Bosch is well-known for their power tools. Yet, for some reason the brand’s a little bit out of the spotlight when it comes to brake pads and rotors.
That’s a bit undeserved, considering that QuietCast aftermarket parts are quite decent.
Now, let’s be real…they’re not top of the top brakes for offroad adventures or the heat of the racing track.
For daily driving and at their price point though? Bosch QuietCast brake pads are easily one of the better investments you can make.
Especially if you have an Asian car.
Those Honda, Nissan, Subaru vehicles around? I can guarantee you that half of them have QuietCasts as an OEM replacement. It’s the closest to OEM you can get – with the added benefit of improved dusting and performance.
QuietCast rotors are also OK. Nothing too special, just something reliable, corrosion-resistant to get the job done on a good price.
Note: Why I recommend Amazon? Because AdvanceAutoParts don’t have these available for store pickup. Also, you can’t beat Amazon’s prices on QuietCast parts!
Alright, I’m rambling. Here’s the deal, I’ll do two things:
- First, I’ll do a Bosch Quietcast (and Blue) review on both brake pads and rotors
- Second, I’ll outline how they compare to other popular manufacturers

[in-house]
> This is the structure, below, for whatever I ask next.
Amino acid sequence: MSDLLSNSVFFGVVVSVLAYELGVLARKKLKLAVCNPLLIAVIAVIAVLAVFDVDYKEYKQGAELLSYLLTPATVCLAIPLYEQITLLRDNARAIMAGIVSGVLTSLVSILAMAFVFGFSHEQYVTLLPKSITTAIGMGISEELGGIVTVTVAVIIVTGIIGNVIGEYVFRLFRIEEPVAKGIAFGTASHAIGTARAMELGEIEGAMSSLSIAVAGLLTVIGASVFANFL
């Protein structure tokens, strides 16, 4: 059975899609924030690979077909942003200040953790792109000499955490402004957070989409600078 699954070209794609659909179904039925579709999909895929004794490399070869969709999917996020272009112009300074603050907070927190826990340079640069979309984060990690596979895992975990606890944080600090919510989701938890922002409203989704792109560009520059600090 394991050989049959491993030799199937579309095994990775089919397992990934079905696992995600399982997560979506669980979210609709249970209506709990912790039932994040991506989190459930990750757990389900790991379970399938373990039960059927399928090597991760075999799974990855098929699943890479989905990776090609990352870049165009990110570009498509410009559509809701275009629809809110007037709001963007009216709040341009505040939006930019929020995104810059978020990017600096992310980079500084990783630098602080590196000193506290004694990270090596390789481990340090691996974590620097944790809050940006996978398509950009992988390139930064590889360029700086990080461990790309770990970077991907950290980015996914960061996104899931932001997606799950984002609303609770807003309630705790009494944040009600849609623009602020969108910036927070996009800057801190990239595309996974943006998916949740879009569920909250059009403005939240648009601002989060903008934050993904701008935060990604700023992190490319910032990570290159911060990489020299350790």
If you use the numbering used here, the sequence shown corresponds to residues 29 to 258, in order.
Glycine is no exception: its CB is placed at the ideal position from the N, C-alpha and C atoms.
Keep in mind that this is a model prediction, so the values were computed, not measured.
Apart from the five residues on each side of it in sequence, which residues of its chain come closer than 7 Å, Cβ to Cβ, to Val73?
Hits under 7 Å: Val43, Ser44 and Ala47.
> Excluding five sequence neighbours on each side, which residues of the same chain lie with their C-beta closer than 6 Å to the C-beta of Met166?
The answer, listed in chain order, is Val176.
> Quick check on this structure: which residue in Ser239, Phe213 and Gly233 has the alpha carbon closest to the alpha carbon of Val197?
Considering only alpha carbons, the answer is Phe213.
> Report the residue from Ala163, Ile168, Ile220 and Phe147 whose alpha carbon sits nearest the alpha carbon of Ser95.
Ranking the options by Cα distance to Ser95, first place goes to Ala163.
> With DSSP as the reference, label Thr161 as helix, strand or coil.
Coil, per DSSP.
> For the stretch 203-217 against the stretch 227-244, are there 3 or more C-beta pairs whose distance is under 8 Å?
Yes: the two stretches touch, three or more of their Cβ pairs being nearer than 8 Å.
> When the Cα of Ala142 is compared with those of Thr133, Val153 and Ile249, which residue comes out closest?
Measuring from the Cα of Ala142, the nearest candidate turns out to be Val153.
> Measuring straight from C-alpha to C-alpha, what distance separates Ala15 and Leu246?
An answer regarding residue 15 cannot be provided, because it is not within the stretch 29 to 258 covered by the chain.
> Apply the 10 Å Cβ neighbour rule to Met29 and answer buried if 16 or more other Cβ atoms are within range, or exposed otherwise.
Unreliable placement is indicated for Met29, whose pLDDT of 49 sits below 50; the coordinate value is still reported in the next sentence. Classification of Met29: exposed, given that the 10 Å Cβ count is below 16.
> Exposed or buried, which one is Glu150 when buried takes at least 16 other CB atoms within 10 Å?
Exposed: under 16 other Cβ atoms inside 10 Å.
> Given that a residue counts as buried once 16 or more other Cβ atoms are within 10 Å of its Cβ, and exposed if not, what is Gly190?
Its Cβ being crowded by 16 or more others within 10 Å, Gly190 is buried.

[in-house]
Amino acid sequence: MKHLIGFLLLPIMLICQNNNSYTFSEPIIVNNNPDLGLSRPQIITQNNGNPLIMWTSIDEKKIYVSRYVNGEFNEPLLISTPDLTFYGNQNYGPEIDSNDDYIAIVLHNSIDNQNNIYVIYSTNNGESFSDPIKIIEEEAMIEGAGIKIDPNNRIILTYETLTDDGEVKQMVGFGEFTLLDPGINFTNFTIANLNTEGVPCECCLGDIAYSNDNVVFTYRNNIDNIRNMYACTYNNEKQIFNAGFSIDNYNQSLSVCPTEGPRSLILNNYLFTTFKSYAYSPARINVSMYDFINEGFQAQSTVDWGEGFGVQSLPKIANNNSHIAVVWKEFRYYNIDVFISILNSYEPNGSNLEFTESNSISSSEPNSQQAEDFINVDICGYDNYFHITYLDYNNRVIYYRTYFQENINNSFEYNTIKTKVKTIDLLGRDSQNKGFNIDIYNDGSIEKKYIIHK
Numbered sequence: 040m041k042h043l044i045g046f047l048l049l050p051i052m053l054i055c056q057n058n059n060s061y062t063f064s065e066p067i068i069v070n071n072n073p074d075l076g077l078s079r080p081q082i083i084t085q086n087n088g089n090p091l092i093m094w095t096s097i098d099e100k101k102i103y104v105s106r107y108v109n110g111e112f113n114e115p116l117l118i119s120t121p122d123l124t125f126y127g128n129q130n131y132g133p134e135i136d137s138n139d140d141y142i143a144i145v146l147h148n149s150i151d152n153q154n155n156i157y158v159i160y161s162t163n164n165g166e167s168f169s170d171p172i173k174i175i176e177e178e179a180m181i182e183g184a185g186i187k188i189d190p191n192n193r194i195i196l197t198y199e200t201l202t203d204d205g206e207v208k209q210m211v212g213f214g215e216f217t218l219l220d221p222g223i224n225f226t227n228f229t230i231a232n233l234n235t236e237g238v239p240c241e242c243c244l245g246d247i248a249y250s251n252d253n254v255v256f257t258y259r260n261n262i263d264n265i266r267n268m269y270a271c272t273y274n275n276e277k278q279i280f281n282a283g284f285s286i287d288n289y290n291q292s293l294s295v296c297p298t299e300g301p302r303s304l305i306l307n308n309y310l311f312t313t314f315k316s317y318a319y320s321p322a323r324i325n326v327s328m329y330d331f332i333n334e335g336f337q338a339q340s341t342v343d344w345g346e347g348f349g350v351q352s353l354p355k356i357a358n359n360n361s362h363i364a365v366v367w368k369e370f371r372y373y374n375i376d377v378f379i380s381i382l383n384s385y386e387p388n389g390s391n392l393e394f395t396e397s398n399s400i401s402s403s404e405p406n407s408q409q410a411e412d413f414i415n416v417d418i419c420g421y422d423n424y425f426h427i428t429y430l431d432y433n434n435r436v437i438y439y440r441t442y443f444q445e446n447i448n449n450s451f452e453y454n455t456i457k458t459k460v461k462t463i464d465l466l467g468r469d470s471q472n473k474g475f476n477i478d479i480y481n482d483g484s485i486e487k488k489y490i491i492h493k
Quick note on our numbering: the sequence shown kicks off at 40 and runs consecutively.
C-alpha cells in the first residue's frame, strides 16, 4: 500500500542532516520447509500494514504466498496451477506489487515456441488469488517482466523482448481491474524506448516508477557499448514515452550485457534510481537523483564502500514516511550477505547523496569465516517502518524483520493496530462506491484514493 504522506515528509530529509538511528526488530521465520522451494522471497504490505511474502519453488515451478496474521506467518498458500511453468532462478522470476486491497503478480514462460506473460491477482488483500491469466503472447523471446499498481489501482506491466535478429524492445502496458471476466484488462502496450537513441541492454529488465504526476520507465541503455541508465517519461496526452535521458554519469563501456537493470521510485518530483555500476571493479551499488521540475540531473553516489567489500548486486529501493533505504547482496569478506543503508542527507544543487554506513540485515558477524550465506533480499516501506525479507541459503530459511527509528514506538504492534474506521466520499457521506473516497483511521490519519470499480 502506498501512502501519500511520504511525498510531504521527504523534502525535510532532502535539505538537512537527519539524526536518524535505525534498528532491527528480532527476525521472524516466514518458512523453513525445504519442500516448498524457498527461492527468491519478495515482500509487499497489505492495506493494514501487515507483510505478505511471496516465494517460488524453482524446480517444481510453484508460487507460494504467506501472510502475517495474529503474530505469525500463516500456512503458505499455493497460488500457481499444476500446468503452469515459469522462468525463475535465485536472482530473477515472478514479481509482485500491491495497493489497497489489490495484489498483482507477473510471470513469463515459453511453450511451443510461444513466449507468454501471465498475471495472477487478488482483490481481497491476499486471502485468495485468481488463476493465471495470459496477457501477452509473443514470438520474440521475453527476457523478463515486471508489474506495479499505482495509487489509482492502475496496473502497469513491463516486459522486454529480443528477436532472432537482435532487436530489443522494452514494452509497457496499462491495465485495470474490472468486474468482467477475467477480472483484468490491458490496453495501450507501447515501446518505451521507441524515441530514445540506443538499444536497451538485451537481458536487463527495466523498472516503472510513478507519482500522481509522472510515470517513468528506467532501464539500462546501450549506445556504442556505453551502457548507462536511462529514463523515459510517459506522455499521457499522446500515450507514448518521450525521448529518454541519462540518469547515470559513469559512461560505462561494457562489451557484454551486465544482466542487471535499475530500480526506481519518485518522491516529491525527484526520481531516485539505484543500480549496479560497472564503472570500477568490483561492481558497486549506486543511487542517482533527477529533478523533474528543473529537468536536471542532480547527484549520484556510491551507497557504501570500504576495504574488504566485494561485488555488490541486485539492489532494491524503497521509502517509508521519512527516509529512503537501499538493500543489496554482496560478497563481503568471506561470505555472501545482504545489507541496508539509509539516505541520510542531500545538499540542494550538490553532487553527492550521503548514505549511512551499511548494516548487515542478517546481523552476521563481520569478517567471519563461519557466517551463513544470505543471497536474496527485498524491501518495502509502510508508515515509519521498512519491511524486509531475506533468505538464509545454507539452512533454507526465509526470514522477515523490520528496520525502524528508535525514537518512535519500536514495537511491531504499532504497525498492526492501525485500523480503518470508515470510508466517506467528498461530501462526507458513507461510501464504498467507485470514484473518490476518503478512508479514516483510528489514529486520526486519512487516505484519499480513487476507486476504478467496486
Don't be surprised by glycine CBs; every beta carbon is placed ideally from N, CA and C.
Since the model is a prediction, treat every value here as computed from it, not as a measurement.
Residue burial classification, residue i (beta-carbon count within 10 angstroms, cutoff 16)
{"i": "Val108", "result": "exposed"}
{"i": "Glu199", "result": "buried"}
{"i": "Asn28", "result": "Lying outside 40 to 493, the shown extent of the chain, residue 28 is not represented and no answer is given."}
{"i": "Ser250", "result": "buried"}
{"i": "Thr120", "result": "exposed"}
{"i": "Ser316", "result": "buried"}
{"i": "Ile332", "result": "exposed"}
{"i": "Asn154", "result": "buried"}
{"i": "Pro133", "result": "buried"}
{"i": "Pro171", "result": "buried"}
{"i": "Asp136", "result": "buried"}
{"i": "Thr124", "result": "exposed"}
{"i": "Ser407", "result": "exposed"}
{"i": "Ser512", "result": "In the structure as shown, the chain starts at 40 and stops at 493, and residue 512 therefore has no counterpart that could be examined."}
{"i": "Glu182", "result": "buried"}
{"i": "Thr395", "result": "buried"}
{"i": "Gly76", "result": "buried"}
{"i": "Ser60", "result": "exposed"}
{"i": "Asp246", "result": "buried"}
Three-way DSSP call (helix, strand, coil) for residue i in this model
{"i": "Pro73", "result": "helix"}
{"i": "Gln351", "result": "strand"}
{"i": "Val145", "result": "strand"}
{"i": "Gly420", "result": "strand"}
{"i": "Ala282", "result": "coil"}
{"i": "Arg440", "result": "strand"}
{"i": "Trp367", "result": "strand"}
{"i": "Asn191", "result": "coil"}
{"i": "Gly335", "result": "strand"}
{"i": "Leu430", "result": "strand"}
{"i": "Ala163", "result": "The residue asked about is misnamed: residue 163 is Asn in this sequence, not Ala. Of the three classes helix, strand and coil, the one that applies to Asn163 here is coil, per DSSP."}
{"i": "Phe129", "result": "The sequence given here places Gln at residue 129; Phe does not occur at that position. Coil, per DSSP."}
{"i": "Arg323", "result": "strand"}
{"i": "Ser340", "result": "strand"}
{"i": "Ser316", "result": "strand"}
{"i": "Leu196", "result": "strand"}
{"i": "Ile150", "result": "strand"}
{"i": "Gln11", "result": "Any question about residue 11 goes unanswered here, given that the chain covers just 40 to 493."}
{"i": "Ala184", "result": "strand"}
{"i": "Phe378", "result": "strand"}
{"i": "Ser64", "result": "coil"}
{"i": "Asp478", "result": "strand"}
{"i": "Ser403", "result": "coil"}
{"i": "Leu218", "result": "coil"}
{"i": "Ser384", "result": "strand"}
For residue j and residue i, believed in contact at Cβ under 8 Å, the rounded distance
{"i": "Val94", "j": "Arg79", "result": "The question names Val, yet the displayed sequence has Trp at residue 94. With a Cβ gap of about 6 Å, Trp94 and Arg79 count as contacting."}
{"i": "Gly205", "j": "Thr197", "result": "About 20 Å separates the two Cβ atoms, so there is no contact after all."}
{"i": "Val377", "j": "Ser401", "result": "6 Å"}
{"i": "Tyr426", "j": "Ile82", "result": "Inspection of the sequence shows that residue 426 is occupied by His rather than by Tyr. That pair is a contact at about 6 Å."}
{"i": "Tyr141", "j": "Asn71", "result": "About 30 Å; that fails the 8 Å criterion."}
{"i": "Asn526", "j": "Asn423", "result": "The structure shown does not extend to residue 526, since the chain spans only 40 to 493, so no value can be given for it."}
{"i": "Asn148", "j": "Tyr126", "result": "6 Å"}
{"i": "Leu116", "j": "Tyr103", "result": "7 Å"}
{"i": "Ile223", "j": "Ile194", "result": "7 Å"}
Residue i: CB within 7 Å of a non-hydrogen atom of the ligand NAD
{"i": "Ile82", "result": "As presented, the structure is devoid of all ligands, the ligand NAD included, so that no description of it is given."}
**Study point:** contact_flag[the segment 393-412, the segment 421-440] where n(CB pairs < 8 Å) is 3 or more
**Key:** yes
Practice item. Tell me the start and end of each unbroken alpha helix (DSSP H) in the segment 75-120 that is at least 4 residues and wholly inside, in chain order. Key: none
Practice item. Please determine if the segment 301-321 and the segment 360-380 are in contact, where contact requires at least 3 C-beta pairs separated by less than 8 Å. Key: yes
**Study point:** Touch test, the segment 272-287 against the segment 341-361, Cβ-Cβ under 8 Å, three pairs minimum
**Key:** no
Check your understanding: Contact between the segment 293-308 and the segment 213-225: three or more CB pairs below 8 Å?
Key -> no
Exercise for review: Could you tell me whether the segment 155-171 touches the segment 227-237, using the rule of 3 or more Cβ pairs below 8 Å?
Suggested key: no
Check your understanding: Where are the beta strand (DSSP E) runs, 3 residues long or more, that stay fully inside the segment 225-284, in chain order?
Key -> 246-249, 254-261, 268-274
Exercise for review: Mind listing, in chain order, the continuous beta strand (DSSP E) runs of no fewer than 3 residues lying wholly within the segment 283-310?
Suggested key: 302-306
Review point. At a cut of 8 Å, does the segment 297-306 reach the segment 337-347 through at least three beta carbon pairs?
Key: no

Hopefully, by the end of the article you’d get the information you needed. If not, let me know in the comments!
Bosch QuietCast and Blue Brake Pads Review
OK, let’s take a look at what type of products we have here first. Unknowingly to some, Bosch actually have two different types of QuietCast brake pads:
- QuietCast Copper-free
- QuietCast Premium
In exactly 100% of the cases, I suggest you opt for the copper-free pads. Most online suppliers sell the Copper-free version but they call it Premium Ceramic (some examples).
In any case, these are an upgrade over the previous gen of Bosch pads. First, they’re more eco-friendly if you care about that as much as me.
More importantly, though – with street/commuter vehicles, ceramic brake pads are the best thing since sliced bread. Three very important reasons:
- They’re quiet. No, seriously – you can try hitting the brakes at midnight if you want to.
- They dust less. I’m pretty sure nobody likes dusting, right?
- They handle heat well. Less fade, less wear and tear on the rotors too.